WR David Gettis is done for the season after tearing the ACL in his left knee. (AP Photo/Chuck Burton)
SPARTANBURG, S.C. – Carolina Panthers starting wide receiver David Gettis tore the ACL in his left knee and is expected to miss the remainder of the season.
"It's disappointing because the young man had a good last few days and has a bright future in this league," coach Ron Rivera said following Thursday night’s practice. "Whatever it entails, he'll get it right and we'll have him ready to go when he's ready."
Gettis injured his knee Wednesday night and was carted off the field after practice. He had an MRI on Thursday in Charlotte and it revealed the worse.
He injured the knee while attempting to run a route, Rivera said.
"It was down in the red zone and he was releasing and he got jammed," Rivera said. "His foot got caught and slipped in a bad direction. It's disappointing. Like I said, the young man was having a really good camp."
Earlier in the night, the Panthers placed defensive tackle Ron Edwards on injured reserve and replaced him with free agent defensive tackle DelJuan Robinson, who played 27 games with three starts in three seasons with the Houston Texans.
Edwards, who received a three-year, $8.5 million contract extension, tore his triceps in his first practice with the team Aug. 4. It was expected at the time the Panthers would place him on injured reserve.
Gettis had battled back to get on the field after missing portions of training camp with a hamstring injury.
With Gettis out of the lineup, the Panthers are expected to turn to Brandon LaFell, a third-round pick in 2010, to compete with Legedu Naanee, a free agent pickup from San Diego who is familiar with the team’s offense.
A sixth-round pick from Baylor, Gettis started 15 games last season as a rookie and caught 37 passes and had three touchdowns.
NUMBERS GAME: When asked how many receivers and tight ends the Panthers will keep on this year’s roster Rivera was non-committal, saying it's way too early to know.
“The biggest thing we've got to look at, obviously, is how that total number impacts the other positions," Rivera said. "But we've got a good number of tight ends that can help us. We've got a couple of young guys that we want to think about trying to keep around and the same thing at wide receiver. A lot of it depends on what comes out with David (Gettis) today as well, and then we'll see from there.”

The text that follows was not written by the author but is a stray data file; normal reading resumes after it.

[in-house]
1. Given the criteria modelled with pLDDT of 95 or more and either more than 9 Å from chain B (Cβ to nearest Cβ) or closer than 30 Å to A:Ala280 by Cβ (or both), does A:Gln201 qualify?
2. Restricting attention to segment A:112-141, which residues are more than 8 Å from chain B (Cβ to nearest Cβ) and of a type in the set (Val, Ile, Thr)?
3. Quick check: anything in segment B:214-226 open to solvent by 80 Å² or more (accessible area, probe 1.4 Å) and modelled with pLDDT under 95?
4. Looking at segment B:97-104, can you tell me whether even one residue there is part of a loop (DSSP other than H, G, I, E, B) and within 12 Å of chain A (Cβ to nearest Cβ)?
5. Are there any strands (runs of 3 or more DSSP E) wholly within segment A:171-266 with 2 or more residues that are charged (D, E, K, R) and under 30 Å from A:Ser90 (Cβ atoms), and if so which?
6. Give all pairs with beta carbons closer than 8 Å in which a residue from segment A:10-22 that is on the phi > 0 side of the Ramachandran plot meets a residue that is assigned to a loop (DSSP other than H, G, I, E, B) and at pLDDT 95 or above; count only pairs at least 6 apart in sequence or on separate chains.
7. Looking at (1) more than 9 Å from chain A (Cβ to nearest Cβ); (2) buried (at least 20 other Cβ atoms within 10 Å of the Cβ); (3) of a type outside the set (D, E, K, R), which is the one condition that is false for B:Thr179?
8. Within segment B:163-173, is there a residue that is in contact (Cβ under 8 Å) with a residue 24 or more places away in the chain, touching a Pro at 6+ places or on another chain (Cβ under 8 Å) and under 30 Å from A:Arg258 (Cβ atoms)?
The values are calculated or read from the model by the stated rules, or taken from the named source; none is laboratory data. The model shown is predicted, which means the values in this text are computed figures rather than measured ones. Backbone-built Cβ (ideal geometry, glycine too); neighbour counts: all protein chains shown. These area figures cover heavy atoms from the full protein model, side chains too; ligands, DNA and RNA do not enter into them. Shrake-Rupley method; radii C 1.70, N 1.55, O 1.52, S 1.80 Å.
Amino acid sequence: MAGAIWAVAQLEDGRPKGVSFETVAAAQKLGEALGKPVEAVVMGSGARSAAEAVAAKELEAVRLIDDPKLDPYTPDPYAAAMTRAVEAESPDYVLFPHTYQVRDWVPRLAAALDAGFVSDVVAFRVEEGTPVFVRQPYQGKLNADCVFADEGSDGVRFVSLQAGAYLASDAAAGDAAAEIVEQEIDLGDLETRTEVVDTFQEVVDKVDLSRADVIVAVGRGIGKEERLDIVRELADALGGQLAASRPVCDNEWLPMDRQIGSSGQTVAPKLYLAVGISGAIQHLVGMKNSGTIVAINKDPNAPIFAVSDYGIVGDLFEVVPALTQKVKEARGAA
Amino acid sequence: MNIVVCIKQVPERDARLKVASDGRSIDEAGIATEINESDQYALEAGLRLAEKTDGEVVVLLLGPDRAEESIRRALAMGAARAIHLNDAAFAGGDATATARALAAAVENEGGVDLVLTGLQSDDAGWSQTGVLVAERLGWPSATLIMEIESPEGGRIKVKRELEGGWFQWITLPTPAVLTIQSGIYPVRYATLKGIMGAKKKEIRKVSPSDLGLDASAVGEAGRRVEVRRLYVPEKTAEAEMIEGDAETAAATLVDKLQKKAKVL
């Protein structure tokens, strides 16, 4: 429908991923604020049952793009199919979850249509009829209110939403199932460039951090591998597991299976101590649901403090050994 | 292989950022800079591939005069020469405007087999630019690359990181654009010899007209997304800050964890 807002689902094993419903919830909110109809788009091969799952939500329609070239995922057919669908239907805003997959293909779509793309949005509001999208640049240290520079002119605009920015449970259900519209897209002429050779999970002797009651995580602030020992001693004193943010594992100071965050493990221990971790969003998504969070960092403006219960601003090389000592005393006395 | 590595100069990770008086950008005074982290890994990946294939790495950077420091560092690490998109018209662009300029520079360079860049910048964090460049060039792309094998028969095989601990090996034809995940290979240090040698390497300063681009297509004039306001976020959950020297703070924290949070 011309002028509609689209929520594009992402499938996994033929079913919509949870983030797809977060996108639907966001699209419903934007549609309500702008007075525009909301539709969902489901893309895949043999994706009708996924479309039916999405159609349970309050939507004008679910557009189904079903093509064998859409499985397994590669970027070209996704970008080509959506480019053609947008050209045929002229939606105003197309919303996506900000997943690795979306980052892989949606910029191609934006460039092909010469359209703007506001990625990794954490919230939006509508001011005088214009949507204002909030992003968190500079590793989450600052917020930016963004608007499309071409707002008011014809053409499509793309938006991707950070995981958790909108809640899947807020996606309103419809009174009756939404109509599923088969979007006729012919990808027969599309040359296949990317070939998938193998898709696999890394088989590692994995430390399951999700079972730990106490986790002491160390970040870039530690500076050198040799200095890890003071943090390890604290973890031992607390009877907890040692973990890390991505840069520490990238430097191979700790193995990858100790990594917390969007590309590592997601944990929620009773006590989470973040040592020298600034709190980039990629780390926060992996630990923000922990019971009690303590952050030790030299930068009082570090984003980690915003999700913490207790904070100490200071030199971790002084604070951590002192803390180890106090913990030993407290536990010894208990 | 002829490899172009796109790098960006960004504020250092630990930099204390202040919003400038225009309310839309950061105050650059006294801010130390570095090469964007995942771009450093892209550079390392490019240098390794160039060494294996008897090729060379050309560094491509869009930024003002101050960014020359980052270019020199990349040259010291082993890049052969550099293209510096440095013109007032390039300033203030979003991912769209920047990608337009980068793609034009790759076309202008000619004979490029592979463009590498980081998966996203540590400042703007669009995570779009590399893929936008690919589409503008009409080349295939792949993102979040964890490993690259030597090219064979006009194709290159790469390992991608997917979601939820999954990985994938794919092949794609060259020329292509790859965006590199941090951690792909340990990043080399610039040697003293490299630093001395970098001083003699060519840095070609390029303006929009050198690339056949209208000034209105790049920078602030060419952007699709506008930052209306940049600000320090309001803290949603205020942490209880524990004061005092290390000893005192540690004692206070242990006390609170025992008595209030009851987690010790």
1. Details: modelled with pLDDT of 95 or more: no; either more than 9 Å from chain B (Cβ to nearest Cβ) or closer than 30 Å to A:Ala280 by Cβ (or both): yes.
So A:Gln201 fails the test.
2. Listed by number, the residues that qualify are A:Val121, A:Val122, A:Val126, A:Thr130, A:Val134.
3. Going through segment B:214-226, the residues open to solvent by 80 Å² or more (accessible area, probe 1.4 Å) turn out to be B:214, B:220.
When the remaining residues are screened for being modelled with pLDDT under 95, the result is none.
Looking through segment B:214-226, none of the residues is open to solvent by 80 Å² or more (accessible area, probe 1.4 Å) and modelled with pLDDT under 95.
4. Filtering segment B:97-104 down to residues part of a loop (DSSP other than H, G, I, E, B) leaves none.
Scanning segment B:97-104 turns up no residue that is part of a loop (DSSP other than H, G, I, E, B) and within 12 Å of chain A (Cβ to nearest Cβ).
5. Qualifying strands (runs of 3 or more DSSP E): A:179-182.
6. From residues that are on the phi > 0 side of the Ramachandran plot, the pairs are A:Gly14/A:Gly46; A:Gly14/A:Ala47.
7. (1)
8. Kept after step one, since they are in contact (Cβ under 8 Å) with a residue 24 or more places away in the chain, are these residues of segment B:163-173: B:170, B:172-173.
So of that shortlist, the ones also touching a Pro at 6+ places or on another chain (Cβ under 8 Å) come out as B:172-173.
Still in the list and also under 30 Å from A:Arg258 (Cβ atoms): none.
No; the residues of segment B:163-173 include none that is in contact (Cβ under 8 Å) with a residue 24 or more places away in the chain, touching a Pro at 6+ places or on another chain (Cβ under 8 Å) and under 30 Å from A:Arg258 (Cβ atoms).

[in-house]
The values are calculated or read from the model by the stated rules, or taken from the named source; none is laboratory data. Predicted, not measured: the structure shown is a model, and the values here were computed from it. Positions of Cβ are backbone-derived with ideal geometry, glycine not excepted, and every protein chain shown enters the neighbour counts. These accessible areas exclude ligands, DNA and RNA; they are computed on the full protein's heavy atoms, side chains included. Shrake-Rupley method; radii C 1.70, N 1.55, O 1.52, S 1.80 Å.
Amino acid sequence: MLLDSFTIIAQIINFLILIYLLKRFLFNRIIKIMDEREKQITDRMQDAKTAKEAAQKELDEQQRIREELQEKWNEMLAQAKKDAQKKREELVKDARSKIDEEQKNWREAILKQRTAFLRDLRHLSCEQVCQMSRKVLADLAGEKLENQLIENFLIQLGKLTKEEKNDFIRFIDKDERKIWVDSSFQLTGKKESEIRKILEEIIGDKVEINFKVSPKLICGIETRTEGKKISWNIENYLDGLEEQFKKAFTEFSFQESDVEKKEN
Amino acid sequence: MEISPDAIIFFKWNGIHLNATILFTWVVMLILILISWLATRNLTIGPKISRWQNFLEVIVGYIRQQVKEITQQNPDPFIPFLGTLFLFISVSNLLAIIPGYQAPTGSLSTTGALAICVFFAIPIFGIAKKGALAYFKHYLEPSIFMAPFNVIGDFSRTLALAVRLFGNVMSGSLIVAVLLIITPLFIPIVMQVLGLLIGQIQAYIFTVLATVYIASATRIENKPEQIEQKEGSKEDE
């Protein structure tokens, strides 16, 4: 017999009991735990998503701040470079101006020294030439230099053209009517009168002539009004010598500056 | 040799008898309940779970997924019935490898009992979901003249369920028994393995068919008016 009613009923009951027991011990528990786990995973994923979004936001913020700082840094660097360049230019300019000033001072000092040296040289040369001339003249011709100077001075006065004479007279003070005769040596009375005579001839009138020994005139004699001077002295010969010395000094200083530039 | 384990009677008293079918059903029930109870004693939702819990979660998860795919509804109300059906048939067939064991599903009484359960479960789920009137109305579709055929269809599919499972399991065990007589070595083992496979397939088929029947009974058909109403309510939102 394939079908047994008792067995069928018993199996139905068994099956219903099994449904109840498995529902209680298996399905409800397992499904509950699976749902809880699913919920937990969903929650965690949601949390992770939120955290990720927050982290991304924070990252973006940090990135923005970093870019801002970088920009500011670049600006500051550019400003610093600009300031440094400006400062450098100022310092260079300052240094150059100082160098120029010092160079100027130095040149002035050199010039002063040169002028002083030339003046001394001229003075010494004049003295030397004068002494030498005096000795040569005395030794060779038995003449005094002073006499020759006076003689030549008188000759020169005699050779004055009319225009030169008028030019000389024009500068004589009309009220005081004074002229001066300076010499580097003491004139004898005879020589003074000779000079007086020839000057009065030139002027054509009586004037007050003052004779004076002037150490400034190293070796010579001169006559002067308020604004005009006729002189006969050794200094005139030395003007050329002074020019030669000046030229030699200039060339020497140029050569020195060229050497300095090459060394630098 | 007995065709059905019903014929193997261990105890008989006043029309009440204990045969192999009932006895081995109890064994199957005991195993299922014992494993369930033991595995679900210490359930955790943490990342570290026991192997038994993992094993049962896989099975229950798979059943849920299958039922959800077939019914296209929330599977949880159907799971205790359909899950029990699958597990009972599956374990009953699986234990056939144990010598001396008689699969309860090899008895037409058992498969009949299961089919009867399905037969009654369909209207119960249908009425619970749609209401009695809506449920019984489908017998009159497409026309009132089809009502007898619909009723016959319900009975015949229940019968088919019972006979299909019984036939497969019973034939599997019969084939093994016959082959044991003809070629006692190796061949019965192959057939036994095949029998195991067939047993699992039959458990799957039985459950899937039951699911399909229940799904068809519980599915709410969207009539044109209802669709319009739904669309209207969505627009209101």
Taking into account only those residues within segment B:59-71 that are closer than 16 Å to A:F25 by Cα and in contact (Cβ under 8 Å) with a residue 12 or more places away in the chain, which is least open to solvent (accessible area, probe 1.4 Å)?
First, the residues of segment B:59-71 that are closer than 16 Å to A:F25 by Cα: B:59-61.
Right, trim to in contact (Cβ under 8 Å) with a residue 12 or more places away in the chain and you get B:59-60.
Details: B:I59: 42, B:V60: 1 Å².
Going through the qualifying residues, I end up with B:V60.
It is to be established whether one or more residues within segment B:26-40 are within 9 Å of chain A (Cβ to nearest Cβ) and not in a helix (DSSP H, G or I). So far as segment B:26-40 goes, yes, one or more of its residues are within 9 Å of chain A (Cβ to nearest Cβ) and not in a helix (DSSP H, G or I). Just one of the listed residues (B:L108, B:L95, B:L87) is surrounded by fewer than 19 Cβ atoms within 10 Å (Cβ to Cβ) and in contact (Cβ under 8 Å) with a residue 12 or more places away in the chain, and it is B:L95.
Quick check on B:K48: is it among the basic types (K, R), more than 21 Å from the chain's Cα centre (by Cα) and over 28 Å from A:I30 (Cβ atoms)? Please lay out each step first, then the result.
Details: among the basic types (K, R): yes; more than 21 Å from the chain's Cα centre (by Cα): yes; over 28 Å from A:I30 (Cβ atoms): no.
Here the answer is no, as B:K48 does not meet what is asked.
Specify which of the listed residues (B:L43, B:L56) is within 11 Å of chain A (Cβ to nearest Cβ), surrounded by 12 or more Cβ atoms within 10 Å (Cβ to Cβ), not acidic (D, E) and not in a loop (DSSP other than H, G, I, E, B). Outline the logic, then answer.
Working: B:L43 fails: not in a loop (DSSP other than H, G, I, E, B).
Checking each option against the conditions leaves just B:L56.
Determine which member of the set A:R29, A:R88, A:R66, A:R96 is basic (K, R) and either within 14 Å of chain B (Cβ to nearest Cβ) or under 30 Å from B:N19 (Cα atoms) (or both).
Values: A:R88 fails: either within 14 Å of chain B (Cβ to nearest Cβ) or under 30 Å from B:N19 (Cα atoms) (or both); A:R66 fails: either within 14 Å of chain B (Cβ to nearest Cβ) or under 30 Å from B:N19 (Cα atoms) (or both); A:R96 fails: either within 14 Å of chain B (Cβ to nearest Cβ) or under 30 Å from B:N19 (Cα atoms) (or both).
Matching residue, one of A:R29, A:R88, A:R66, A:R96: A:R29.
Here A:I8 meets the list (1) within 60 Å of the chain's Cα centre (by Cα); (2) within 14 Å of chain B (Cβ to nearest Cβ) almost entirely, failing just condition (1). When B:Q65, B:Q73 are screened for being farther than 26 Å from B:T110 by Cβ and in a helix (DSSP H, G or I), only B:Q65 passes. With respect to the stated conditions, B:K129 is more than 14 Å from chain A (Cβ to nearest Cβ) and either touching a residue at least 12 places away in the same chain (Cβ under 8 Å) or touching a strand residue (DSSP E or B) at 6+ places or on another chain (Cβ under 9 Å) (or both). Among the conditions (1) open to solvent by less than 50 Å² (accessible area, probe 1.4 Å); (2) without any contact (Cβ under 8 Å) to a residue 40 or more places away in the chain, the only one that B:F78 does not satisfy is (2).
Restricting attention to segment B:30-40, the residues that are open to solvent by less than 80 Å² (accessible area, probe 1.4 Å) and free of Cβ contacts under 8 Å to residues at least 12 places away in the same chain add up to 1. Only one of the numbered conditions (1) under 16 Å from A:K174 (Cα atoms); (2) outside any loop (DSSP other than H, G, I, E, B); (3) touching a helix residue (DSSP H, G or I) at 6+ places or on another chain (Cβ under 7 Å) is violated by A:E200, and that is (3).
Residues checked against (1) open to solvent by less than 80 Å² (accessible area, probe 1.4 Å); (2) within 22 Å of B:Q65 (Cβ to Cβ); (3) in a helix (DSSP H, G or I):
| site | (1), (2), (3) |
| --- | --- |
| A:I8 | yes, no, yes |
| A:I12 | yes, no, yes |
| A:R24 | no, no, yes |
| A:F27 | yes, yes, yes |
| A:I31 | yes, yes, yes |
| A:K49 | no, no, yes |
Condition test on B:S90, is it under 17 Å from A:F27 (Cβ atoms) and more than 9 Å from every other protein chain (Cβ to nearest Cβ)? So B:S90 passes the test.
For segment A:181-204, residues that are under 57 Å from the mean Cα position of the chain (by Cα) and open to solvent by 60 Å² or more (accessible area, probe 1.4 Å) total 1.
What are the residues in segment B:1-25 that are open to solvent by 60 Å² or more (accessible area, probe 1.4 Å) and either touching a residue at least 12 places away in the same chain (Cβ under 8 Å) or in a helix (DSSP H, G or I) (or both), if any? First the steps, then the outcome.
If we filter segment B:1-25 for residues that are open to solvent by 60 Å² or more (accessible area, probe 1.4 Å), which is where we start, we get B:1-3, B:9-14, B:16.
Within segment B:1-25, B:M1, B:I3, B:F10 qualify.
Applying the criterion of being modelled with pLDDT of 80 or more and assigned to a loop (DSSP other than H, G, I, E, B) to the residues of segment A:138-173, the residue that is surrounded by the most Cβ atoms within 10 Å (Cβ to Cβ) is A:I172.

Rivera said it’s conceivable the Panthers could keep four tight ends – Greg Olsen, Jeremy Shockey, Ben Hartsock and Gary Barnidge are the obvious choices – on the 53-man roster.
“It's conceivable we could keep four tight ends (or) we could keep three,” Rivera said. “The same thing with wide receiver - we could keep five, six or seven. You've got to look at all those possibilities. It's a good question to have, especially for us in this offensive system.”
NINJA TURTLE RUNNING BACKS: While shopping for a present for a family member, Tyrell Sutton came across four Teenage Mutant Ninja Turtle toboggans and purchased them for the team’s running backs.
As Sutton explains it, each one of Carolina's running backs matches the personality of the four famous Hollywood turtles.
He said DeAngelo Williams received the Leonardo colored hat, Jonathan Stewart was given the Donatello hat, Mike Goodson got the Michelangelo hat and he kept the Raphael hat.
“DeAngelo is the leader because he’s the oldest,” Sutton said. “Goody is the funny one like Michelangelo. I’m the loner, the smart-alecky one. Stew is kind of like the geek, because he’s always on Ustream and that kind of stuff. So he’s the technological one. It kind of fits our personalities.”
Sutton also referred to running backs coach John Settle as their leader “Splinter,” although he couldn’t find him a costume.
All kidding aside, Sutton believes Carolina’s running backs are the deepest and most talented in the NFL.
“We have a lot of guys who can step in at any given time and not miss a beat,” Sutton said. “We are the deepest group and the team here knows that so they’re trying to keep us intact as long as possible.”
PILARES CATCHING ON: Rookie Kealoha Pilares, the team’s fifth-round draft pick, is still a very raw talent at wide receiver but he’s showing solid progress with each passing practice. He’s primarily playing in the slot, but has also lined up out wide. He’s also willing to play punt returner and gunner, things he did well at the University of Hawaii.